The National Labor Relations Board under President Obama was very pro-union. The Trump administration has a number of opportunities to reverse course.

The People

  1. The President can immediately nominate two Republican board members. The five-member Board currently has three members (two Democrats and one Republican) and two vacancies for the President to fill. The addition of two Republicans is expected to immediately alter the Board’s ideological outlook.

  2. In November 2017, the President can replace the General Counsel. The Board’s current General Counsel is pro-union and can profoundly affect the law by: (1) deciding what cases to bring to the Board and what legal positions to take; and (2) issuing instructions to the Regions. His term expires on Nov. 4, 2017.

The Law

Once the Board has a Republican majority, the following controversial Obama Board decisions, and many others, face scrutiny and possible reversal:

  1. Joint Employer Standard. In Browning-Ferris Indus. of Cal., 362 NLRB No. 186 (2015), the Board adopted a new and controversial standard for determining joint employer status. This standard affects all employers who use contractors or employees from temporary agencies and has potentially devastating implications for the franchise model. Under the new standard, an employer can be a joint employer even if it does not exercise any actual control over the employees of the other employer. This decision has major liability implications because a joint employer is legally liable for the actions of the other employer. Joint employer status can also broaden union organizing opportunities and weaken the law preventing unions from picketing or even striking otherwise secondary employers.

  2. Union Organizing.

  • Micro-Units. The Board in Specialty Healthcare, 357 NLRB 934 (2011), created a new standard to establish bargaining units for a union election. The new standard gives unions more latitude to select their voters thereby maximizing the union’s chance of winning the election and creating the possibility of micro-units.
  • Quickie Elections. On April 14, 2015, the Board implemented new “Quickie Election Rules” which significantly altered how union elections are processed. The new rules: (1) allow for union elections as soon as eleven days after a petition is filed; (2) create onerous new requirements for employers with respect to processing a petition; (3) limit the issues that can be litigated at a pre-election hearing; and (4) require accelerated and expanded disclosure of employee contact information to the union, including personal e-mail addresses and cell phone numbers. With Specialty Healthcare giving unions a greater ability to pick their voters and the quickie election rules impairing the employer’s ability to respond, these changes created a one-two punch giving unions additional advantages in elections.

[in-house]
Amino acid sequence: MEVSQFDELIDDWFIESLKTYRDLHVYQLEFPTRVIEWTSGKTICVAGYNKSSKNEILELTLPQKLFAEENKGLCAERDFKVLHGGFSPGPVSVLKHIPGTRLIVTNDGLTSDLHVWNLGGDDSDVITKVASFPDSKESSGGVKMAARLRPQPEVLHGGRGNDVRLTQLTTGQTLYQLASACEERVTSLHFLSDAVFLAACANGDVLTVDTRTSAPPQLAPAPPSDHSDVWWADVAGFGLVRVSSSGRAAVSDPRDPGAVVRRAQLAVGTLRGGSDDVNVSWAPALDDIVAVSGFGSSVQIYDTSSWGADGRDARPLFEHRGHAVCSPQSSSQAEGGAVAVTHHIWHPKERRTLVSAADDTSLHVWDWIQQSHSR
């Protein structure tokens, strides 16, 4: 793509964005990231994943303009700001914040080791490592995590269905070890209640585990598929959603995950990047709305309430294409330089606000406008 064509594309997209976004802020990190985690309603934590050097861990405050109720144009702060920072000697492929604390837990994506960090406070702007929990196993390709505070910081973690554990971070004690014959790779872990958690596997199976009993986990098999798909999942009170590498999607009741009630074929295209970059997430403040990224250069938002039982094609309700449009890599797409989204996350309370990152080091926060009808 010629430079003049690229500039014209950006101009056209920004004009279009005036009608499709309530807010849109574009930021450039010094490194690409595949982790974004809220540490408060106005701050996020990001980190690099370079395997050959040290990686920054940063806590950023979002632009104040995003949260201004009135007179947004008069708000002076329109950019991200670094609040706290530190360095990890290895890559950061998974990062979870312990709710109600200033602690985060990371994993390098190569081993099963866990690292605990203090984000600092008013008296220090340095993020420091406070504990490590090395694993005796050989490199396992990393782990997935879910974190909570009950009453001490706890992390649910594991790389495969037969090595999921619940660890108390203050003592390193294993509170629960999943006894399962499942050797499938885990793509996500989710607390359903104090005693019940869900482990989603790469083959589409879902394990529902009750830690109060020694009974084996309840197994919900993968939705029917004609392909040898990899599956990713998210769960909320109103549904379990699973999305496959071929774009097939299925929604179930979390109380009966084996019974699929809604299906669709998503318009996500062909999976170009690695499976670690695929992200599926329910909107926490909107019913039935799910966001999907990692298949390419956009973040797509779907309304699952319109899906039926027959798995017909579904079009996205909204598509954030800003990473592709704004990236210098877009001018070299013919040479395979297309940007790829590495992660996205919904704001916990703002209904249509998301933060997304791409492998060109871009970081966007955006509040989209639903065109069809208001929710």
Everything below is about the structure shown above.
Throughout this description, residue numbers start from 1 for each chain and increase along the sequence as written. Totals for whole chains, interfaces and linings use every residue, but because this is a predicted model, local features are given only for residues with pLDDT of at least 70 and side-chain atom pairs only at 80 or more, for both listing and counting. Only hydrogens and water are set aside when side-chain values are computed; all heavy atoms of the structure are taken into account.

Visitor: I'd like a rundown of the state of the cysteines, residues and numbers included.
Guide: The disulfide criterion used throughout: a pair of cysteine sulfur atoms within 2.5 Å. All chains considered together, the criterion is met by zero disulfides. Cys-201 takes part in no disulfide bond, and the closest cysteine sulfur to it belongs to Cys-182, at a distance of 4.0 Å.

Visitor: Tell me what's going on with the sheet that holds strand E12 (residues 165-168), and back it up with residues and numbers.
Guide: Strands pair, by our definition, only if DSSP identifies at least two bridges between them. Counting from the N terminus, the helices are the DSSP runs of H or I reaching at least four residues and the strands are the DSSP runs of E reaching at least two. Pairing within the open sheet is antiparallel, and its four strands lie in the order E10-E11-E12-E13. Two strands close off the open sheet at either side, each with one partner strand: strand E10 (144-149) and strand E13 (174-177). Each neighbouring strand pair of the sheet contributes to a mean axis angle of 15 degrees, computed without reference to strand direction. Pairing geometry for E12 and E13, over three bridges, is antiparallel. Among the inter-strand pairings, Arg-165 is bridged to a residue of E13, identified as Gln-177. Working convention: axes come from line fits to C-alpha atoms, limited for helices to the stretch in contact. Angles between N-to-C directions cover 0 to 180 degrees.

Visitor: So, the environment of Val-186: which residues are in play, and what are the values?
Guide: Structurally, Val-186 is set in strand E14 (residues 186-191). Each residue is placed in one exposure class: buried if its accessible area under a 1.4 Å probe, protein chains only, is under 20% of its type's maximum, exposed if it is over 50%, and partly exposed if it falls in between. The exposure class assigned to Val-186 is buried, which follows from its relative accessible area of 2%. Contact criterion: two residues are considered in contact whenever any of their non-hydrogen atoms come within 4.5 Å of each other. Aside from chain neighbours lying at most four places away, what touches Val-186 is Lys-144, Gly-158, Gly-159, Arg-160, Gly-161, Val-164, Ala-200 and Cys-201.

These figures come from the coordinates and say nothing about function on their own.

• Bargaining. The Board also changed the law in a way that pressures employers to agree quickly to union contracts after a union wins an election. In Total Sec. Mgmt. Ill. 1, LLC, 364 NLRB No. 106 (Aug. 26, 2016), the Board ruled that employers usually cannot issue discipline to employees in the absence of a union contract without bargaining to impasse. This decision gives unions more leverage in bargaining.
  • Intermittent Strikes. The current NLRB General Counsel has indicated support for intermittent strikes, which are currently legally unprotected because of the significant disruption they can cause to an employer’s operation. Intermittent strikes would greatly increase a union’s bargaining leverage.
  • Permanent Replacements. In American Baptist Home of the West, d/b/a/ Piedmont Gardens, 369 NLRB No. 13 (May 31, 2016), the Board jeopardized an employer’s longstanding ability to use permanent replacements during economic strikes by finding that an intent to discourage future strikes was sufficient to violate the law. It is hard to see how any use of permanent replacements could not be claimed to be motivated to discourage strikes. An effective ban on permanent replacements combined with intermittent strikes could make it very difficult for employers to resist union bargaining demands.
  1. Deferral To Arbitration. In Babcock & Wilcox Construction Co., 361 NLRB No. 132 (Dec.15, 2014), the Board changed the standard governing deferral to arbitration to make it much more difficult for employers to get unfair labor practice charges deferred to arbitration and for arbitrators to issue legally binding awards in deferral cases. This new standard frequently would allow unions “two bites at the apple” (both arbitration and an unfair labor practice charge) and would increase litigation before the NLRB (perceived as more pro-union on substance and involving a “free” government lawyer to pursue the case for the union).

  2. Class Action Waivers. Further limiting arbitration, the Obama Board has ruled that requiring employees to waive through arbitration agreements their ability to bring class actions in areas outside those regulated by the Board illegally interferes with the right to engage in concerted activity. Murphy Oil USA, Inc., 361 NLRB No. 72 (Oct. 28, 2014). The Supreme Court is expected to decide this issue in the next year or so, but the Trump Board could overrule Murphy Oil in the interim.

  3. Employee Handbooks. Employers whose handbooks contain anti-harassment or courtesy/civility policies (and many other routine policies) have been repeatedly subjected to scrutiny under the Obama Board which has found that such rules “chill” protected activity. The Trump Board could restore some rationality to this area of the law.

The 2016 election had enormous consequences for labor law. Stay tuned for further developments.